A: To the Holy Spirit (and Jesus as His manifestation), everything is either an expression of love or a call for love. He sees the larger picture of everyone’s Atonement path and is not limited by what we normally see as the boundaries of our lives in the world. Form is completely irrelevant to the Holy Spirit. And therefore His response to calls for love would be in terms of where people are on their Atonement paths, which is not something we ordinarily are in touch with. That is why what we hear may be startlingly different from what we think we should say. In the section you refer to, Jesus explains that our doubts and discomfort when this happens come from a "shabby self-perception," which we would do well to "leave behind" (M.21.5.4,5). So that is what Jesus advises us to do in this aspect of our training. It means that we need to develop our ability to recognize our underlying self-images -- specifically the ones that include a sense of inadequacy, neediness, specialness, and being unfairly treated. The more we hold onto self-images such as these, the less likely we would be to accurately discern the Holy Spirit’s Voice from the ego’s voice, because our holding onto them implies that we know better than Jesus who we really are, even after hearing him say again and again, "you are as God created you." Thus, the trouble we have in humbly accepting Jesus at his word leads to the difficulties in our ability to hear accurately.

See also our answers to Questions #11, #43, and #77.


Q #575: With respect to Question #365 re the child’s role in child abuse, what is the adult role in such a relationship? Clearly, the adult is not telling God "look at how I suffer."

A: As is well known, many abusing adults were once themselves abused, and probably would be sustaining an unspoken accusation against their own abusers: "I can’t help doing what I’m doing; it’s not my fault. After all, look what happened to me!" This is another way of keeping separation real, yet having someone else be responsible for it. Moreover, anyone who attacks another person (whether child or adult) is harboring a self-accusation of unforgiveable sinfulness that is so tormenting that it must be projected from the mind and seen in a body and attacked there.

The ego’s ultimate strategy is to keep us focused on the body -- one of its favorite means being the perception of victimization -- so that we would rarely, if ever, suspect that the mind is the source of both sin and salvation from sin. This ego strategy, thus, is at the root of the need to find fault with what other bodies do and then punish them through habitual abuse, whether physical or psychological. Jesus has described this strategy in the section of A Course in Miracles called "The Self-Accused" (T.31.III). So in some way, the abusing adult is pleading with God, saying, "I know I’m mean, vicious, and cruel, but it’s not my fault!" The ego has achieved one of its major goals in this process insofar as the process validates the reality of the victim/victimizer cycle. The foundation supporting the entire thought system of the ego is sin: that there is a guilty victimizer and an innocent victim. This is the cycle the ego seeks to perpetuate in our relationships in the world, lest we hear another Voice within our minds calling us to remember the truth of our innocence with respect to our relationship with God our Source. If there were no accusation of sin on that ultimate level, the concept of victimization would never have arisen, and obviously there would be no need to project it onto bodies. So an abusing adult is one of the outcomes of the need to do something about the excruciating pain of self-hatred (sinfulness) thought to be the core of our identity (W.pI.93.1). This, in effect, defines the ego’s purpose for life in the body -- it is the chosen route of escape from the pain and fear in the mind. The source of victimization thus is always in bodies (psychological or physical), never in the mind’s acceptance of the ego’s made-up story of ontological sin, guilt, and fear.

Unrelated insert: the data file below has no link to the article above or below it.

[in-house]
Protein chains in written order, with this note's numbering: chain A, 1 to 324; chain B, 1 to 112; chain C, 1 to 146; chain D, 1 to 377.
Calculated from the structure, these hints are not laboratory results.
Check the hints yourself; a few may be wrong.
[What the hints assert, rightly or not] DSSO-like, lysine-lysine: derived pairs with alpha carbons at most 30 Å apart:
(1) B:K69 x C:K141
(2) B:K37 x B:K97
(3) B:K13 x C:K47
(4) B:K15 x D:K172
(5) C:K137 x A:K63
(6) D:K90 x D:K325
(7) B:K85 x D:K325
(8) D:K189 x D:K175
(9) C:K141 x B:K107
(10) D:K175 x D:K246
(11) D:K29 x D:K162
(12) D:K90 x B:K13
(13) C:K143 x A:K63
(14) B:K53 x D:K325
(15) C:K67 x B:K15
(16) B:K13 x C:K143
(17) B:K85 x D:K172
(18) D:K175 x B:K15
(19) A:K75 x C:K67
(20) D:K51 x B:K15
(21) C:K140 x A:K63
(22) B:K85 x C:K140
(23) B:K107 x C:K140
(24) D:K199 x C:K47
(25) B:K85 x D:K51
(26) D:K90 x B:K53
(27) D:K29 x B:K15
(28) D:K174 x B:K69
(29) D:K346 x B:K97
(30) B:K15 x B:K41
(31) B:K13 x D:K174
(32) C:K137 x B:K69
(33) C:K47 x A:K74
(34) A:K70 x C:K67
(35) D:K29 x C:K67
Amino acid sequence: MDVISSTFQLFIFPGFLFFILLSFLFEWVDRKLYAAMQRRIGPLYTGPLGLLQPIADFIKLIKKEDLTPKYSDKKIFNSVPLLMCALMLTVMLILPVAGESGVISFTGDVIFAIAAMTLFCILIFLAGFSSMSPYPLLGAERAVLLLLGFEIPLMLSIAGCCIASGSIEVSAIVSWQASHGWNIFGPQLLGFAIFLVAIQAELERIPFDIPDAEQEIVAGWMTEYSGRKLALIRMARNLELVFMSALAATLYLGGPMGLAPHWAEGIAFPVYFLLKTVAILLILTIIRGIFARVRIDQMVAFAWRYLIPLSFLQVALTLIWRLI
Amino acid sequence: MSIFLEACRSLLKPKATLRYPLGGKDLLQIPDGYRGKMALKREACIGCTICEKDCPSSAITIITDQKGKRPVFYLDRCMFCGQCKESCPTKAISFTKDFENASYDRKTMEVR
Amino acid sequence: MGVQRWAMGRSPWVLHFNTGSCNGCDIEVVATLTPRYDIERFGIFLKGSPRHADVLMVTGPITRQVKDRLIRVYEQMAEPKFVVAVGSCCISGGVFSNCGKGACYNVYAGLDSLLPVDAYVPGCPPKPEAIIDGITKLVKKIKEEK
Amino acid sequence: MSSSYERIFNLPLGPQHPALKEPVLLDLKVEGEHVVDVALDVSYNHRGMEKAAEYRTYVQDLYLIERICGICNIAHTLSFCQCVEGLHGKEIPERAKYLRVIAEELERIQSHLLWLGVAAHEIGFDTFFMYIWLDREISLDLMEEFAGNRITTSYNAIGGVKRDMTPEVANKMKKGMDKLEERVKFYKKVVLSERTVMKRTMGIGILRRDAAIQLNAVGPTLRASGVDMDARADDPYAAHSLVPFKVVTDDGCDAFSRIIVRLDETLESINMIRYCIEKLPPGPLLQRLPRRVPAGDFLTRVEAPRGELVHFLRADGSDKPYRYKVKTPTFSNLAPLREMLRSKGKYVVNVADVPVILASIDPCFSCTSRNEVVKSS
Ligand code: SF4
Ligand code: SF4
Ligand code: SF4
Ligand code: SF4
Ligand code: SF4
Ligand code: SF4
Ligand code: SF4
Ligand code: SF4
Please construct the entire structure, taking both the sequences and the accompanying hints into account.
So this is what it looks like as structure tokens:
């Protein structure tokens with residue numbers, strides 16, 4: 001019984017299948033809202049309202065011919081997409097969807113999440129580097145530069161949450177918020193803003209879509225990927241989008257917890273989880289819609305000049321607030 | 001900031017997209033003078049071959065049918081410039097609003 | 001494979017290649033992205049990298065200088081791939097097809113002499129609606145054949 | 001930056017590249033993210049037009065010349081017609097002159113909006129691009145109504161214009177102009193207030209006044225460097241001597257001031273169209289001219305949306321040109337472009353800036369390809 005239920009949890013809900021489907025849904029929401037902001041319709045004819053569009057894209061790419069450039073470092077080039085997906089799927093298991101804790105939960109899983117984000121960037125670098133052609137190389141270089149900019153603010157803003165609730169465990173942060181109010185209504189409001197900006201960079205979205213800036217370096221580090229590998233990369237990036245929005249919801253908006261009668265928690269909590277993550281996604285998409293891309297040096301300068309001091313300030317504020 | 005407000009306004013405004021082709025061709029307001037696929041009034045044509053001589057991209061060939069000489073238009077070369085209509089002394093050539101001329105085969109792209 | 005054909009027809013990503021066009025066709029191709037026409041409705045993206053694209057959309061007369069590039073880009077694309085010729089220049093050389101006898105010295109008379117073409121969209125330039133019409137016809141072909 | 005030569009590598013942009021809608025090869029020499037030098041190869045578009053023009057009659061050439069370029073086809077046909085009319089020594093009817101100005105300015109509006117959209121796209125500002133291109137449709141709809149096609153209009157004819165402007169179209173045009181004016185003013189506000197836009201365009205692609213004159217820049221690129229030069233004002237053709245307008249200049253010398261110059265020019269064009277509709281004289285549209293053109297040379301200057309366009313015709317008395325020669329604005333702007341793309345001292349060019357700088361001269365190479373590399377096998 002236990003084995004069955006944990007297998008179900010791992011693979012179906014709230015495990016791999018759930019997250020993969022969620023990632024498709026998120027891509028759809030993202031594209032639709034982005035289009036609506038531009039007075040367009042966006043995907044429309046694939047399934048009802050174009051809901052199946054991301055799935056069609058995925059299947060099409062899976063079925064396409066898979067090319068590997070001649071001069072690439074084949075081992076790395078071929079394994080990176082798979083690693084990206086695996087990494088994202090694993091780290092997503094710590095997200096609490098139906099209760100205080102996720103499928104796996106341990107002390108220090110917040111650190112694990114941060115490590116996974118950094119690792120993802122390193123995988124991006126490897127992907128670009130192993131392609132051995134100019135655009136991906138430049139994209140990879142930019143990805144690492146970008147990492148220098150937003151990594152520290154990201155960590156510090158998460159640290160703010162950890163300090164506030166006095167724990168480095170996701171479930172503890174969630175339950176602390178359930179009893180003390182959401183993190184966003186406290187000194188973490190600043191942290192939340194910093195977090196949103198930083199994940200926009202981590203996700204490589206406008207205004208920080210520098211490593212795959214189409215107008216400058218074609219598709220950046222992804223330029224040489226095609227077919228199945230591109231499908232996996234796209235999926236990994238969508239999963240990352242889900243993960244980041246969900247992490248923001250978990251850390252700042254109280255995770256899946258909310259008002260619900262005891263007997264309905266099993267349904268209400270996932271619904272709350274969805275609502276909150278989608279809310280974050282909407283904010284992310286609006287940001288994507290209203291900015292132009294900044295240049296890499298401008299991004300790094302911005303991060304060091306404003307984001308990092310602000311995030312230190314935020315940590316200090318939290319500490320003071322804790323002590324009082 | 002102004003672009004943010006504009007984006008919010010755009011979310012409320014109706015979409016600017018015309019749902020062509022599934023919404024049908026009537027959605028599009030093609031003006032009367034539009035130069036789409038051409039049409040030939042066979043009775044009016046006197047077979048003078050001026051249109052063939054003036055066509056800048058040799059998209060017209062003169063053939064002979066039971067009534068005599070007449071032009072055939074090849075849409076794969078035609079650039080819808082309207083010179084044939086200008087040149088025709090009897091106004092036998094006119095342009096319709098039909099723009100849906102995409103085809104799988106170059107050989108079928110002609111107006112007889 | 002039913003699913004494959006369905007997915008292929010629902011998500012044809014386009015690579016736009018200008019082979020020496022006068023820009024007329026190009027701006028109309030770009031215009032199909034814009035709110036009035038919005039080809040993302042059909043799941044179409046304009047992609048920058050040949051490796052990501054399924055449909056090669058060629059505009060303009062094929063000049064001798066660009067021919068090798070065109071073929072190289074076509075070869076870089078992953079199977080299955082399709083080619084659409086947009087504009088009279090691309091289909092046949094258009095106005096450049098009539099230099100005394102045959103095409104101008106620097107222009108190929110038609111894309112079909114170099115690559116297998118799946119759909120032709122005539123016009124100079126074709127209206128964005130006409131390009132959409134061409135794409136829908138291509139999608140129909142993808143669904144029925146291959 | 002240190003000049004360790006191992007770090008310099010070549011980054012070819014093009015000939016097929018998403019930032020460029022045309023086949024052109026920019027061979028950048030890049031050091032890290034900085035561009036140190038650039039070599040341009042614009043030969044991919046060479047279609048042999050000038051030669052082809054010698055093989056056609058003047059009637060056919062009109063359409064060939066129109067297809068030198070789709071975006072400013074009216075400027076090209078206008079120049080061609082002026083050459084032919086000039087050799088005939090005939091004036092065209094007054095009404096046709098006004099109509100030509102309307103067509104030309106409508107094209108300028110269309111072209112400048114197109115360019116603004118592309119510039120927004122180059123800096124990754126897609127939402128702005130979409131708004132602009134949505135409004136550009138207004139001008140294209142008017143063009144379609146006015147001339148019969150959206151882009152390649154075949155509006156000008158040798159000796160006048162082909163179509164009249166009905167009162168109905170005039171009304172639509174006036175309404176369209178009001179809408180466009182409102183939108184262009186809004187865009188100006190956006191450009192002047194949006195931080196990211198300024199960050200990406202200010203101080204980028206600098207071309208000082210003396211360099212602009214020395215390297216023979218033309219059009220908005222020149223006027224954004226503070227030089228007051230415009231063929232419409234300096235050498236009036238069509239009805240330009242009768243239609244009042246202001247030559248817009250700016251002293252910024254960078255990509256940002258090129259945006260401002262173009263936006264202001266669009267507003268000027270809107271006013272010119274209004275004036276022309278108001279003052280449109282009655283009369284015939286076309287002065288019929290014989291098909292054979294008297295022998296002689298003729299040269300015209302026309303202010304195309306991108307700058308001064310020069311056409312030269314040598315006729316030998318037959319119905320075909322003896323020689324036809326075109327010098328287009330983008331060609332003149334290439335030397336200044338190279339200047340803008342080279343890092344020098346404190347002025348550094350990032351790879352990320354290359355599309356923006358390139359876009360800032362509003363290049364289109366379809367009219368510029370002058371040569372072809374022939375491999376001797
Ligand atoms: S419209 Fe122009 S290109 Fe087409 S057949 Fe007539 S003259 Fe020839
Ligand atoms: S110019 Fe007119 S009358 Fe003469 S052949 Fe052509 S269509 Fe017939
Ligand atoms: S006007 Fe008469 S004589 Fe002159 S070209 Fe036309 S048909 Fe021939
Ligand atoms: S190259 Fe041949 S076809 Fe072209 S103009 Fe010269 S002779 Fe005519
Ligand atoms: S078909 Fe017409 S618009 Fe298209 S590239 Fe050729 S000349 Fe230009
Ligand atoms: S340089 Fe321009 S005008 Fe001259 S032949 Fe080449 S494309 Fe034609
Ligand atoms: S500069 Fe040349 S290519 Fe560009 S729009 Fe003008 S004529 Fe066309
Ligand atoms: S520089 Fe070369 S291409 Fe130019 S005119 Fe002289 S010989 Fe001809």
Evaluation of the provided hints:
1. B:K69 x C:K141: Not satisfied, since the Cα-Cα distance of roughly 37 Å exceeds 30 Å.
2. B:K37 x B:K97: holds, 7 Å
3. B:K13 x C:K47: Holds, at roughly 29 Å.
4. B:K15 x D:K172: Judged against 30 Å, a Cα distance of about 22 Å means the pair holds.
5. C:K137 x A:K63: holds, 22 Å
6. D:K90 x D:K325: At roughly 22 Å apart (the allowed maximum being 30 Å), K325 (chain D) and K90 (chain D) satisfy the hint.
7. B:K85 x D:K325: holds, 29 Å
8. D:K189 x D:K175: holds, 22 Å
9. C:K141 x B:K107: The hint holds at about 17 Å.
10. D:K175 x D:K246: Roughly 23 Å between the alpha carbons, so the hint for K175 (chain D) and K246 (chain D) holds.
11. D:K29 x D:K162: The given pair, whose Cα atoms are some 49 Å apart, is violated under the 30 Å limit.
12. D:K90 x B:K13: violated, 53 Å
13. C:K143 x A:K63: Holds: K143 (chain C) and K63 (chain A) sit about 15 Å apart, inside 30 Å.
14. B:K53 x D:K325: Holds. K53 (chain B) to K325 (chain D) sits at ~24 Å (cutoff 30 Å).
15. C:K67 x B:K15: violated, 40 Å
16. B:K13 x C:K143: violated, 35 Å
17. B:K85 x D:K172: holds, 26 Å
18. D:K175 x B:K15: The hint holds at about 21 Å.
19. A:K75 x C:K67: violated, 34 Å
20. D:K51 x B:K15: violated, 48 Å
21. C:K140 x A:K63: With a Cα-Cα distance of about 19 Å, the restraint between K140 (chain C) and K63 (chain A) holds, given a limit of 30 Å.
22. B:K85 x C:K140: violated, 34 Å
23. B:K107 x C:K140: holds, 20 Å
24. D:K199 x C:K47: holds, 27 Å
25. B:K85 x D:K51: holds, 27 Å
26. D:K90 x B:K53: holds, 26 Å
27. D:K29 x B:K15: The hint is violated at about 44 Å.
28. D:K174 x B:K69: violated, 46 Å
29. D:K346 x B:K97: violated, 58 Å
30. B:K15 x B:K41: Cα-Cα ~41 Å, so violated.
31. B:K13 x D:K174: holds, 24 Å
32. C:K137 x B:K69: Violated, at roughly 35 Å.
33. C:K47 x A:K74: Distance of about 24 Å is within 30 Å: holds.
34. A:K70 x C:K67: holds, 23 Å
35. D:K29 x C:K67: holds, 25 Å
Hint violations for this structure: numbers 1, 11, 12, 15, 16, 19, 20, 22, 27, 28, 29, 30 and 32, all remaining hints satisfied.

Q #576: Let me see if I have this right -- all of this world and everything in it is a thought we are all having -- part of a tiny, mad idea that slipped into the sleeping Son's mind for just one tiny instant. In fact my identity as the person I think I am is just a fragment in the dream of Christ -- and everyone in the dream is also a fragment in the dream and we are all dreaming, or rather One of us is dreaming he is many yet in truth he is not -- just for an instant dreaming but still dreaming. So my big question is -- how did Jesus get into the dream and know that it was just a dream? If it's true that it must have been the "right" part of the Christ-mind that sent him -- which I think means in truth the Oneness of the Sonship sent him -- how did he get here without being affected by the illusion. I mean how did he come with the knowledge that it was not real? I can understand that perhaps one can figure it out but it seems that he came with it figured out -- how is that possible?

A: First of all, a point of clarification. A Course in Miracles does not refer to Christ as having fallen asleep and dreaming. Christ is the extension of the Mind of God that has never forgotten Its true Identity. The Course uses the Son of God to refer both to the Christ and to the illusory part -- the split mind -- that seems to have fallen asleep and had a dream of separation from God. But in reality, the dream has never happened and Christ remains unaffected (W.pII.6:1,2,3).